But was this really a visceral response or an intellectual exercise in which some students (admittedly not exercising sophisticated analytical skills) felt warm and jumped to the conclusion the planet is heating up? To find out, the researchers essentially repeated the experiment, but indoors.

In the second study, 84 students completed the same survey while sitting in a small heated cubicle. For half of them, the cubicle was heated with a space heater for 15 minutes before their arrival, raising the air temperature from a comfortable 73 degrees to a toasty 81 degrees.

Those eight degrees made a difference: “Participants who responded in the heated cubicle believed global warming was more of a fact than those who responded in the control cubicle,” the researchers report. Even in an indoor environment, where the temperature was controlled by humans, “people believed more in global warming when they were made hot than when they were not.”

“As people tried to imagine the hot world implied by global warming, these mental images were simulated more fluently for those who were currently warm, which led to the inference that this hot world was more likely,” the researchers conclude. As William James understood a century ago, bodily sensations, emotions and thoughts are inextricably linked.

While the researchers don’t mention it, their work appears to reveal a tragic irony. Thanks to our use of greenhouse gas-emitting energy supplies, we now spend our summers in air-conditioned buildings and cars, which makes it harder for us to comprehend, on a visceral level, the reality of a warming world. Without such a sense, dire scenarios seem implausible and easy to dismiss.

Breaking this circle will not be easy, but this research provides scientists and educators valuable clues as to how it might be done.

“What makes future events feel more real is not necessarily well-conducted research or impressive meta-analyses that speak to the event’s likelihood of occurrence,” Risen and Critcher write, “but factors that facilitate the ability to picture what the future event would look and feel like.” They add that facilitating that sort of imaginative leap may be the key to “belief formation and acceptance.”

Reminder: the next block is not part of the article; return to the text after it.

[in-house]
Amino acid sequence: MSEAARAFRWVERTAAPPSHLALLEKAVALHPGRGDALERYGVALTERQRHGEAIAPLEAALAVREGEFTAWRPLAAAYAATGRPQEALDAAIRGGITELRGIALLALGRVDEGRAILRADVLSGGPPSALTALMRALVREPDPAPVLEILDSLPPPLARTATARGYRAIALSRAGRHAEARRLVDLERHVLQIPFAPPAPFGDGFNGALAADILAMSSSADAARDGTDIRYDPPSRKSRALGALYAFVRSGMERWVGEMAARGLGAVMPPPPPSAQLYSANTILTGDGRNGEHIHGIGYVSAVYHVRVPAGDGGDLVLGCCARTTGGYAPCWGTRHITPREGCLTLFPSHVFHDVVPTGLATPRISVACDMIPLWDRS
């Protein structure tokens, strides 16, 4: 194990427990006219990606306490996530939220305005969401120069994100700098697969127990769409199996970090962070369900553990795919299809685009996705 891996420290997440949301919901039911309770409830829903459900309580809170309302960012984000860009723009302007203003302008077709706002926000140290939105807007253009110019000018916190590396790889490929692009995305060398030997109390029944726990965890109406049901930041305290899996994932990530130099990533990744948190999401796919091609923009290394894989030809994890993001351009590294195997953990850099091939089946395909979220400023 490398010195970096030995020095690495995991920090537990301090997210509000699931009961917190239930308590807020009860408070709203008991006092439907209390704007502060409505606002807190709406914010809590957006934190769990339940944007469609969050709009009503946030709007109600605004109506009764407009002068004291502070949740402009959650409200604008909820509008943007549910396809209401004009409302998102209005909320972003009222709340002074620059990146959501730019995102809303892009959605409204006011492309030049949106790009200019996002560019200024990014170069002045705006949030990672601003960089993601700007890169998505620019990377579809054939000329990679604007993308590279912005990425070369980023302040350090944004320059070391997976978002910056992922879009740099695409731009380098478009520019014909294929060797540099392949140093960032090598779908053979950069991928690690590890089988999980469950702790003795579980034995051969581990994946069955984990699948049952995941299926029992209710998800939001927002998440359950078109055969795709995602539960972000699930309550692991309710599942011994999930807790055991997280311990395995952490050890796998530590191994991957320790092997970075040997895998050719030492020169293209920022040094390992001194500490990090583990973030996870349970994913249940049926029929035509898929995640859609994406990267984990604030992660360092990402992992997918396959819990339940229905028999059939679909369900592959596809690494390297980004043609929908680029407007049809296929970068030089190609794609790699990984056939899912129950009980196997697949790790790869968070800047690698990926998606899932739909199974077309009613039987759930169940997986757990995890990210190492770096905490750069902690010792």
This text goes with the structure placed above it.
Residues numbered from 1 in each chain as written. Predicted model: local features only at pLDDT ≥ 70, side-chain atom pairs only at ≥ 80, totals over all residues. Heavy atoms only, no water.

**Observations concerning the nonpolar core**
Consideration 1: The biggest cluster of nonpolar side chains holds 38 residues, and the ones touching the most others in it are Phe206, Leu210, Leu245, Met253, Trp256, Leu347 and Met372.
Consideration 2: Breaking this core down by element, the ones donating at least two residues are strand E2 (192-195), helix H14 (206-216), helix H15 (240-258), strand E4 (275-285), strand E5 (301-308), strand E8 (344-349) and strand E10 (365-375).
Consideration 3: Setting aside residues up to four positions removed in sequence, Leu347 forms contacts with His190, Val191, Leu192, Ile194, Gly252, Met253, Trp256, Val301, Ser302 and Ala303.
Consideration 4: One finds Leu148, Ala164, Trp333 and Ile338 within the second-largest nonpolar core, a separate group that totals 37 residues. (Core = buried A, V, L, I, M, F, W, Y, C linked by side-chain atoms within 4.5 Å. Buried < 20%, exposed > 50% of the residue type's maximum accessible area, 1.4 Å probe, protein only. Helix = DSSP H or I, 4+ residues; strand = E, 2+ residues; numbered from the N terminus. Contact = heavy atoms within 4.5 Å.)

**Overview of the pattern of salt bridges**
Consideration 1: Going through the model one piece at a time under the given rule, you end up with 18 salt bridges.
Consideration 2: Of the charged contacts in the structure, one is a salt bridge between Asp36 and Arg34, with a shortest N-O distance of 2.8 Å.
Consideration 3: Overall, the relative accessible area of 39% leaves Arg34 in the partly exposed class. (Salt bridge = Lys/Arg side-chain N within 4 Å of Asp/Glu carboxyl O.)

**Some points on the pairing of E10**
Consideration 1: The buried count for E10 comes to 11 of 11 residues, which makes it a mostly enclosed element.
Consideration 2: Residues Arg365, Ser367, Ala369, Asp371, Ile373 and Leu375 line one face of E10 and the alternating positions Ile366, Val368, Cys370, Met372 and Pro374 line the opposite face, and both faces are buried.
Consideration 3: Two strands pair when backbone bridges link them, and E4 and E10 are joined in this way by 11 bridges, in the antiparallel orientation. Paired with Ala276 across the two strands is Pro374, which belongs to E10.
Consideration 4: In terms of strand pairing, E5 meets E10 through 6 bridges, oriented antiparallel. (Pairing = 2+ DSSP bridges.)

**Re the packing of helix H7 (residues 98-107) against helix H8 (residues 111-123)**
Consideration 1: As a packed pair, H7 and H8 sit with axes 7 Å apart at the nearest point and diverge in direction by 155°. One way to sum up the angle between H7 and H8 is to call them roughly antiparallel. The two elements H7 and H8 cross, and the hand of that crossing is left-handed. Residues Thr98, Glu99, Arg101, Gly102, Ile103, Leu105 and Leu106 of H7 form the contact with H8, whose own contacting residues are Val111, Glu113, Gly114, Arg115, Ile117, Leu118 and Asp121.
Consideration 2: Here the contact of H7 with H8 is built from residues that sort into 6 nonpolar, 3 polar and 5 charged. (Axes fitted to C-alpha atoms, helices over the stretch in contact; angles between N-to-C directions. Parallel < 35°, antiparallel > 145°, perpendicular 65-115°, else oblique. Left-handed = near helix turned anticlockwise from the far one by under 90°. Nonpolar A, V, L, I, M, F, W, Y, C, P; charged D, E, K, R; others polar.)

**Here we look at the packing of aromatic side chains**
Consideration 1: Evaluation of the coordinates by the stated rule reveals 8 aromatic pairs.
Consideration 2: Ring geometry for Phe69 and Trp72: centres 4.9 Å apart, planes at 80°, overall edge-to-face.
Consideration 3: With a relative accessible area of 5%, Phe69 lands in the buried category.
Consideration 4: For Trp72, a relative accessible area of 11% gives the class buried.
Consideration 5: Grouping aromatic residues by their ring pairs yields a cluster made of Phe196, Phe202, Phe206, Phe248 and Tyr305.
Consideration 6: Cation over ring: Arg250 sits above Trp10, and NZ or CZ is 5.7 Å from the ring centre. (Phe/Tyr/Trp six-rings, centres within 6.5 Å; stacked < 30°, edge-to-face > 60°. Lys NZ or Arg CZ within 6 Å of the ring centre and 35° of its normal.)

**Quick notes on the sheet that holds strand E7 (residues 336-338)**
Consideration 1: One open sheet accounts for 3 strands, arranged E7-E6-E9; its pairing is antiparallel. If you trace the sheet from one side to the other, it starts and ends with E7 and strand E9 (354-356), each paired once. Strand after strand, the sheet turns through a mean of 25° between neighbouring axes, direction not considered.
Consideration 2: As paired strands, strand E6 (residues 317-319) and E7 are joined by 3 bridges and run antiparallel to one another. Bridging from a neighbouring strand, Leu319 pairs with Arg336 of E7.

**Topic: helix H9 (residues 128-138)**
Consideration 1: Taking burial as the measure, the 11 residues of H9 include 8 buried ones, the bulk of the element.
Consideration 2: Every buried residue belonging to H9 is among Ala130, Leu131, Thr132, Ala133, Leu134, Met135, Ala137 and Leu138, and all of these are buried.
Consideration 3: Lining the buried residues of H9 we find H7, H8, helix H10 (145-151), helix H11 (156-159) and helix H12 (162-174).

So if you find yourself arguing about climate change with tea partiers, you might want to meet them on their own terms and offer them some tea.

Serve it piping hot.

Posted in Bad Science and Fear and Misinformation by inconvenientskeptic on January 28th, 2011 at 4:20 am.

2 comments

This post has 2 comments

  1. I think this is a great approach. It shows that the greenies are losing, they are aware thay are losing and they are trying any new trick they can. These people must get their heads out of the sand; climate change is dead. Wahoo!

  2. Alan D McIntire Jan 30th 2011

    This is what’s ahead for the true believers. There are five stages to it. The above proposal is at stage 3

    1) Denial – A total refusal to see, believe or accept what has happened.

    2) Anger – Blaming someone else, oneself, everyone else or anything else for what has happened. The deeper the belief, the more vehement this stage is.

    3) Bargaining – Believing that you can still do some trading to keep all, something or at least a shred of the collapsing structure. eg concessions, scapegoats, prayer.

    4) Depression – It can’t be stopped. Apathy, depression, tiredness, feeling unfairly punished.

    5) Acceptance – Utter Calm. It’s all over. Death.